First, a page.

Maturity ––> Mitosis


(Sarah Hawk) #1

I was having a conversation today with someone that is in the same position that I was in at SitePoint – after years of being in the fortunate position of having people flock to the community regardless of what I did, a downward trend in forum use, an upward trend in social media use, and a generally burned out audience pool from which to draw, meant that things suddenly started getting tricky.

At that point of plateau, you have to reformulate your strategy – refine and focus. That generally means creating sub-groups within the community, but I found it incredibly difficult.

Does anyone have experience in transitioning from maturity to mitosis? What are your big tips?

Further reading: https://www.feverbee.com/mitosis/


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(Darren Gough) #2

Sub groups are definitely a tricky one.

It’s a balance of creating useful spaces for people to splinter into for specific interests, vs. losing that overall community togetherness and cross-pollination.

I’ve found that customisation of sub groups where appropriate/possible was a big win. For example we had people who liked to “comp” (enter competitions as a hobby). We splintered off this sub group to give them a home, but then wrote a bunch of custom functionality that they could use to spot, post, enter and mark off competitions.

Fundamentally this was some custom search, sort and buttons which wouldn’t have made much sense elsewhere but gave them a new value benefit. The upside for us was that we become known as “the” community to use if this was your interest, getting us lots of new traffic from search, marketing and mainly word of mouth.

For me, it’s about seeing if you can add unexpected value in new ways, rather than just splinter for the sake of it.


(Scott Gould) #3

This is a tough topic!

My experience has taught me to build in mitosis at an early stage. The culture of the community needs to that there is “multiplication” or “division” (pick your metaphor). So in a small community, creating sub-groups, or rather, task-forces (think Hoffman’s Alliance) that already are mixing existing groups of people with smaller groups, other groups, old members with new members.

Maturer members are brought into a place of leadership, and thus incentivised to lead the culture of mitosis, rather than hold onto maturity. These maturer members will be in the influences.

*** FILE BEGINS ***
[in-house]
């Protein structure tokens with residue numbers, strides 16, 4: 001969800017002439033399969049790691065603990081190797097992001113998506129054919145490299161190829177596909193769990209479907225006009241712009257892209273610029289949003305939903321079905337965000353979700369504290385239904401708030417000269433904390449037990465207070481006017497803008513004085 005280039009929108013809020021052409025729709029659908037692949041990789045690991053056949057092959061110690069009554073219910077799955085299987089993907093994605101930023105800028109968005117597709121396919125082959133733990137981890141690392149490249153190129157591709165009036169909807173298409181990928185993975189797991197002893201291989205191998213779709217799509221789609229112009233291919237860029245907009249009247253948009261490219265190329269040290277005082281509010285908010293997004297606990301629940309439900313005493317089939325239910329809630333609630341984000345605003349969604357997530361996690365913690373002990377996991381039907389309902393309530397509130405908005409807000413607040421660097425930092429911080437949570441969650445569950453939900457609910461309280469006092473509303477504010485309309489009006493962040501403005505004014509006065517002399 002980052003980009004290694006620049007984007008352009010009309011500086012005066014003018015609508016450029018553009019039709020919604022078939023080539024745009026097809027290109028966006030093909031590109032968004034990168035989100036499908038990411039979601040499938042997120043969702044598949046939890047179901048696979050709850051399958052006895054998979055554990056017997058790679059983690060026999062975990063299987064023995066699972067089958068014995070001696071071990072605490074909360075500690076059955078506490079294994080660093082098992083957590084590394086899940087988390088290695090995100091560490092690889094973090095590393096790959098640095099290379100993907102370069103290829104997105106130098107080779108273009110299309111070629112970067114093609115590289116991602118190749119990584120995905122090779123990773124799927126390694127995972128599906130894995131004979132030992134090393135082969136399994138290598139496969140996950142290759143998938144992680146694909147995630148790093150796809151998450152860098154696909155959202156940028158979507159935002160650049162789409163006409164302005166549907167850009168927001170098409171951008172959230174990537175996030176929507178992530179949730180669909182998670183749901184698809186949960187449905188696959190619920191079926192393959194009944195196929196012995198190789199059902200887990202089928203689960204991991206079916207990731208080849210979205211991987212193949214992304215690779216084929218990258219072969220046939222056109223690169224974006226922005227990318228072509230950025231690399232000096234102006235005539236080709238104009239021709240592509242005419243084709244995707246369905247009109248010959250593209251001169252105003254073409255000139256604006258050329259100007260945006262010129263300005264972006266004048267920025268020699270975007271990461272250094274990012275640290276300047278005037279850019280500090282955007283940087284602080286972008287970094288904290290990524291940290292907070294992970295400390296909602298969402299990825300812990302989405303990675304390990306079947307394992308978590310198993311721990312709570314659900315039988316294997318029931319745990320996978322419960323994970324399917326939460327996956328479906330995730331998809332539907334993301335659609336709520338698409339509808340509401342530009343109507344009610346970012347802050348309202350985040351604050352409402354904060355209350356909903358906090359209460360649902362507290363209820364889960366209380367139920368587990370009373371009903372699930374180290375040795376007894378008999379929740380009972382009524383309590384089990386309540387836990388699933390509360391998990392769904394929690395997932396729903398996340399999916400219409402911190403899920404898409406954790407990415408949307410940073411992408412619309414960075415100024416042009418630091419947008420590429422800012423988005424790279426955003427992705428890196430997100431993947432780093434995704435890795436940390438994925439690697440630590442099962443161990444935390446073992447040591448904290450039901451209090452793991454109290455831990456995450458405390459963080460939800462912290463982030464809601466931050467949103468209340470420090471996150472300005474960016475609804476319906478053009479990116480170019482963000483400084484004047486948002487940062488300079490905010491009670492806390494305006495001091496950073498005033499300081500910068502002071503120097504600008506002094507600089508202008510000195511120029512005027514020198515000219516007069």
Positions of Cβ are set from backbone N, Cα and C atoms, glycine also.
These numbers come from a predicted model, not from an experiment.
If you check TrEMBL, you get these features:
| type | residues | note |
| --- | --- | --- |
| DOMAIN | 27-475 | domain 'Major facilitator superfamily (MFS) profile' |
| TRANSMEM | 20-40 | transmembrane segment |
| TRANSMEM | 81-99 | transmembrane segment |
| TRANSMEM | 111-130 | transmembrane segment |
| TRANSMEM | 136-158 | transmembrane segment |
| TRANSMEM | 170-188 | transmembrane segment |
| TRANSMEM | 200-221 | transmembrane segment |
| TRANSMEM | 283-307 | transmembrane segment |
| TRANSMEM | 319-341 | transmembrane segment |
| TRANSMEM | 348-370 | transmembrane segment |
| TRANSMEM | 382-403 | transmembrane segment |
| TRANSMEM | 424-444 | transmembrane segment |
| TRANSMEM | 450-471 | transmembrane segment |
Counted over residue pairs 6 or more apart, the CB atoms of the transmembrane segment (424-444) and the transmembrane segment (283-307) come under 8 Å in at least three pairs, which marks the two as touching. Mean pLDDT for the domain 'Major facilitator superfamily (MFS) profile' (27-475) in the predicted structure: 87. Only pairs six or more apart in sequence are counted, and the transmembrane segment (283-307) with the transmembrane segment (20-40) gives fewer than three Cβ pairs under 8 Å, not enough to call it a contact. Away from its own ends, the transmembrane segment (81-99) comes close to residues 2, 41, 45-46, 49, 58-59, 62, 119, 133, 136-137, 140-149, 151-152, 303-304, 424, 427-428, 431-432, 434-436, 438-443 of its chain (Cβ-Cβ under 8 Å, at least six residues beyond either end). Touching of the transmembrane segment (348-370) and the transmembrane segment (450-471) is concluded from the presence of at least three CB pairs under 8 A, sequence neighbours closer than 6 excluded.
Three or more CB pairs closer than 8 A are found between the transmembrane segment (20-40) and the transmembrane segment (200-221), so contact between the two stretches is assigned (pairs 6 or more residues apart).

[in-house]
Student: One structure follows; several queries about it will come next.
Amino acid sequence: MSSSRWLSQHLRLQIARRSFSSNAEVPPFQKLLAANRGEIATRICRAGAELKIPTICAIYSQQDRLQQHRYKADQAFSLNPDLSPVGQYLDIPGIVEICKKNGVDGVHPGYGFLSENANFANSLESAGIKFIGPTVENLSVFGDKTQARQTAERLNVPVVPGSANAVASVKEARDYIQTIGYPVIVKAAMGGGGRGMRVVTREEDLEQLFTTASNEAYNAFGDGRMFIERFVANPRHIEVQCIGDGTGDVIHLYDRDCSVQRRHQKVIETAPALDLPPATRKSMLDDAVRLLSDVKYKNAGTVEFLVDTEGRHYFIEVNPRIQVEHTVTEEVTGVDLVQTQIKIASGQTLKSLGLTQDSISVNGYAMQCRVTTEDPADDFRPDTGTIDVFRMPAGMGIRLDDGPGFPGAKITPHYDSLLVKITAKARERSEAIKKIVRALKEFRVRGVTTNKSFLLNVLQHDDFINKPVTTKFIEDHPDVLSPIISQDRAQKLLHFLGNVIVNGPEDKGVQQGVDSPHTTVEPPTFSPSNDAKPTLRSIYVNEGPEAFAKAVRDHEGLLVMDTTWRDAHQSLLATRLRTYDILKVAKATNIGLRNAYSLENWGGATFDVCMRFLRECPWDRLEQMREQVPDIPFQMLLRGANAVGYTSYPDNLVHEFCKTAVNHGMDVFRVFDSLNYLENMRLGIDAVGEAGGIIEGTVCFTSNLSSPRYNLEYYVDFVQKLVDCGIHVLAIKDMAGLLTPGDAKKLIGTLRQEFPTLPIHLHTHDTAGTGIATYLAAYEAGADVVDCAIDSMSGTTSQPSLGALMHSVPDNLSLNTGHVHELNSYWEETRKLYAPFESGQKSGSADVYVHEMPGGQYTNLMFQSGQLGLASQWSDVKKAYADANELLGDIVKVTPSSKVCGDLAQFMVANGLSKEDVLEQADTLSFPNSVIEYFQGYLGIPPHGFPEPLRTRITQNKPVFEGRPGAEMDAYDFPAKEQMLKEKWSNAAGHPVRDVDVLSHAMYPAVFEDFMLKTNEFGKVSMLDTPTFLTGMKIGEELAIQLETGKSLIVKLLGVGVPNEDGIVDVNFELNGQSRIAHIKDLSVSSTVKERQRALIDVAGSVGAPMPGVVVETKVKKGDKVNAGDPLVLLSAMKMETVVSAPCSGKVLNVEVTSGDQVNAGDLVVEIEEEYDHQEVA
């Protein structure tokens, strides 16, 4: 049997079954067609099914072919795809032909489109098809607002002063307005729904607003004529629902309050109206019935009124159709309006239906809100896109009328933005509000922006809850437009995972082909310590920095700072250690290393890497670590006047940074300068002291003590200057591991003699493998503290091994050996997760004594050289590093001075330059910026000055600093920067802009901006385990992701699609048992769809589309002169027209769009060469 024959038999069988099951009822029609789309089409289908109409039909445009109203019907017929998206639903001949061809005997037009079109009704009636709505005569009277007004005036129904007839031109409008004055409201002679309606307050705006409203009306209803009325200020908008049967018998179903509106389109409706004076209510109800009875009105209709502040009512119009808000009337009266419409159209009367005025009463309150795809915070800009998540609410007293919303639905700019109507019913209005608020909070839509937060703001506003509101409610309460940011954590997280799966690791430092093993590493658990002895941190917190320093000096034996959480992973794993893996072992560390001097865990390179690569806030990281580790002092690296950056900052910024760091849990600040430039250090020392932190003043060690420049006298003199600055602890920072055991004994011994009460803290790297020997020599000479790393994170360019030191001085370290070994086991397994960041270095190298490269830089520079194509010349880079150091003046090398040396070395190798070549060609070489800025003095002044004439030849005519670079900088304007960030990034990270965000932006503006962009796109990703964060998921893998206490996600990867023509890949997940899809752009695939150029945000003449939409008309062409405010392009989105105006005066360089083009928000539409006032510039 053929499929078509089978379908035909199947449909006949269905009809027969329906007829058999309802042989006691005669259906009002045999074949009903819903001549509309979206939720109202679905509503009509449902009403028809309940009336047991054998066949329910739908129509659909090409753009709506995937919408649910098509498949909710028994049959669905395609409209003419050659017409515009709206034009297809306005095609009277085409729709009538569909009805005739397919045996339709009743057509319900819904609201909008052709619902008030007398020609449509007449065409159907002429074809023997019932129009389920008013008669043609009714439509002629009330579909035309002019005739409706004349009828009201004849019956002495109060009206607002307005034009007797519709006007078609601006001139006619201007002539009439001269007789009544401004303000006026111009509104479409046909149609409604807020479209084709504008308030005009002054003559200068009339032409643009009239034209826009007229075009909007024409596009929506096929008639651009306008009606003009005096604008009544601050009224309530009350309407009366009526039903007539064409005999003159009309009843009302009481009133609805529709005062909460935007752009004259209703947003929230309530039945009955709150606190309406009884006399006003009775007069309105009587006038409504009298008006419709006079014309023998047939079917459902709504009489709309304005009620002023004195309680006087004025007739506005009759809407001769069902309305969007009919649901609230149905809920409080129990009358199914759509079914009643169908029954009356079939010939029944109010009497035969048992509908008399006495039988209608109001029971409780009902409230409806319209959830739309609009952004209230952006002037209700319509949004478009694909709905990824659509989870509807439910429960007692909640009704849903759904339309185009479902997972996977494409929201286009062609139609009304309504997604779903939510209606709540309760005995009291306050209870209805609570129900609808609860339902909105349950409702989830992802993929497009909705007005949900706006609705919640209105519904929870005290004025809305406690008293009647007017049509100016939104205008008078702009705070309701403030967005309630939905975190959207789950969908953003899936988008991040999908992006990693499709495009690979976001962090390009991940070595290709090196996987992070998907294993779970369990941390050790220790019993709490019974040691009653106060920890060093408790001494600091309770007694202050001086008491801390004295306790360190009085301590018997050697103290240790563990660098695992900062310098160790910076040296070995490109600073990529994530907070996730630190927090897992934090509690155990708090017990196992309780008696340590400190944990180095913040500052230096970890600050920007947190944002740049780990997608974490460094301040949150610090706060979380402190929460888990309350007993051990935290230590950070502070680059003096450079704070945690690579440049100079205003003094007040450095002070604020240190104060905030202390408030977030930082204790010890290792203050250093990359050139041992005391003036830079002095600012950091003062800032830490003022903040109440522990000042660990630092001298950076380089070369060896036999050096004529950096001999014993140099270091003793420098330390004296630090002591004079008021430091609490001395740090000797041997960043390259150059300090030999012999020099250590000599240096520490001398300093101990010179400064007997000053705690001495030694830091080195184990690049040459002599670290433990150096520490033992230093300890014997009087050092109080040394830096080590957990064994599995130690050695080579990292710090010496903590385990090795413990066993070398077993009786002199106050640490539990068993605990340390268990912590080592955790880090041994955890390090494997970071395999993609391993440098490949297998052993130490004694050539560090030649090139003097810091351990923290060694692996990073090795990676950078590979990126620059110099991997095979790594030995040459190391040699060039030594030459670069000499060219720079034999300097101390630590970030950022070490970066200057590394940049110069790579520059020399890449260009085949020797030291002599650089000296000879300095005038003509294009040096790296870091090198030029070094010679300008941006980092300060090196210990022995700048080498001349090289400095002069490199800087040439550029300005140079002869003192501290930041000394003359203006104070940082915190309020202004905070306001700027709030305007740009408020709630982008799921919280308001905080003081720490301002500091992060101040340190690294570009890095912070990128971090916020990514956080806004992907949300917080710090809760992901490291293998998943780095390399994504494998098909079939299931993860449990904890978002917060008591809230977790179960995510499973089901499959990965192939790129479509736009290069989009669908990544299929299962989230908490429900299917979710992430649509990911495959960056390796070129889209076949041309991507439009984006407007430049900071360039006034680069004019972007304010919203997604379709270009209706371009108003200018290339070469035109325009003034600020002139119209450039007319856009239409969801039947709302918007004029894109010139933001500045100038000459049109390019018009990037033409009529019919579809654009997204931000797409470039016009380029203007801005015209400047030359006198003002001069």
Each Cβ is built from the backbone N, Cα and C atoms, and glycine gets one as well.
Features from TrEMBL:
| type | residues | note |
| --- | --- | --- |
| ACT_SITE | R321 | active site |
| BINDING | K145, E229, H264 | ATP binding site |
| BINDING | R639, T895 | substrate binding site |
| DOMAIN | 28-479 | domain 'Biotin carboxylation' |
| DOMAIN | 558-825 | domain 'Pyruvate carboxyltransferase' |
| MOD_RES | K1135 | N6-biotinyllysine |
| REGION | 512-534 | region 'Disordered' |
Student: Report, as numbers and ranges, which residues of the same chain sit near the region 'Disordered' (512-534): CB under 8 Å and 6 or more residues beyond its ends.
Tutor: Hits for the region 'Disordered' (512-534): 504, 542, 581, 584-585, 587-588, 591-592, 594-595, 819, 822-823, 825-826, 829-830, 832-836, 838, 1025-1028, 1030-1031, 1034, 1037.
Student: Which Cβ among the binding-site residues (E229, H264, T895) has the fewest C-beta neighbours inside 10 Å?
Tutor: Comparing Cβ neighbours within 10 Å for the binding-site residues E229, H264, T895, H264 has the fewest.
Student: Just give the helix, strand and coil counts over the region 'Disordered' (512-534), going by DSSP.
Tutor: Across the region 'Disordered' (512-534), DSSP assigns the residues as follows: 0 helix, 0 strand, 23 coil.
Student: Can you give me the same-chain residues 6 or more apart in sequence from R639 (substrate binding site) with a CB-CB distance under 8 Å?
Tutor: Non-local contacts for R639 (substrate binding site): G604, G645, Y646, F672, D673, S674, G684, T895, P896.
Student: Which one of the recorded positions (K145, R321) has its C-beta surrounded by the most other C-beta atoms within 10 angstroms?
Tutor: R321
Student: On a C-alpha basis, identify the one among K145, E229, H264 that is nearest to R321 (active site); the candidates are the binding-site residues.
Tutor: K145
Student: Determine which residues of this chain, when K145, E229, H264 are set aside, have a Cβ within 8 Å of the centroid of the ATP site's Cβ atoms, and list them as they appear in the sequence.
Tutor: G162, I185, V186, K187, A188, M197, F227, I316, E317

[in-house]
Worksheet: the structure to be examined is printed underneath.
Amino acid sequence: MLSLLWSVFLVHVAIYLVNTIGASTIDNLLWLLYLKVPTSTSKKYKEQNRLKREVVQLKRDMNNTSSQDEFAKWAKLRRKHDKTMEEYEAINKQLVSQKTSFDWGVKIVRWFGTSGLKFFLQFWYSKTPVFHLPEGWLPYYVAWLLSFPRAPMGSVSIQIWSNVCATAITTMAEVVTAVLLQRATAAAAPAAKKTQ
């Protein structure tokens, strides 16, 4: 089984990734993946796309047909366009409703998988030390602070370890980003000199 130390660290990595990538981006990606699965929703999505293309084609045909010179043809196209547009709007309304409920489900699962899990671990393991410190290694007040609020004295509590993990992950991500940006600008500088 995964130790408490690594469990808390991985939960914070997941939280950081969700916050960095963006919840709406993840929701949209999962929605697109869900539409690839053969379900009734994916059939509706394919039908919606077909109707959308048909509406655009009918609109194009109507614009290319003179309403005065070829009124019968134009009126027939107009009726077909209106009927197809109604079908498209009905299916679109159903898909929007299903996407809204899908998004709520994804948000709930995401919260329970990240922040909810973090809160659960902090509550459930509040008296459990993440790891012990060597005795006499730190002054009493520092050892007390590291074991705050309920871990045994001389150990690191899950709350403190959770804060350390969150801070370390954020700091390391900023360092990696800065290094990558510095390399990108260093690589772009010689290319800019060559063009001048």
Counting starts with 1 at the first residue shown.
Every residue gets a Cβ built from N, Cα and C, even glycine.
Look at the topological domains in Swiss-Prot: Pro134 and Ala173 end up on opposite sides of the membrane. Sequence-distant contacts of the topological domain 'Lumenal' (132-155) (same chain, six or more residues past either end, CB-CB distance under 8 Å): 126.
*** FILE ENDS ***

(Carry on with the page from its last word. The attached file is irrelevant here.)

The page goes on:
The influencers themselves will of course retain their own sub-group. The sub-groups are like tags rather than categories - you can be in as many as you want, and being in one never means you cannot be in another.

Leadership is the skill here. This isn’t management, it is leadership. Thus the purpose of the group is critical to be clear, and also have been bought into, as that is why people would choose mitosis over staying together.

I like to think of community on three levels - macro, medium and micro. So I would be finding times when the sub groups come together to celebrate together, or nostalgia is pulled on as old groups get together to reminisce.


(Gear Buzz) #4

We have always pondered

  • A Read only forum for the Original Gangsters / old members / best contributors to chatter in.

But the gatekeeping duties might be immense and declined members might “flounce” off.

Ability to post couple be determined programmatically (length of membership, post count)

  • A OG only respondent switch that OGs could put on threads they start.

(Sarah Hawk) #5

By this do you mean that everyone can read it, but only certain people can post?

Is your issue the fact that you are struggling to retain your OGs?


(ForumSentinel) #6

We’re doing a simplified idea of this right now (and the thread was even started by an OG, for the OG’s). It’s been pretty cool to see a lot of old timers come out of the wood work to post (some with 01/02 join dates). This is one sub-group that can flourish here and now I just have to figure out which other sub groups are best to keep watering during this interesting transition period.


(Sarah Hawk) #7

Is it a downturn in engagement or in sign-ups that is the driver for this transition?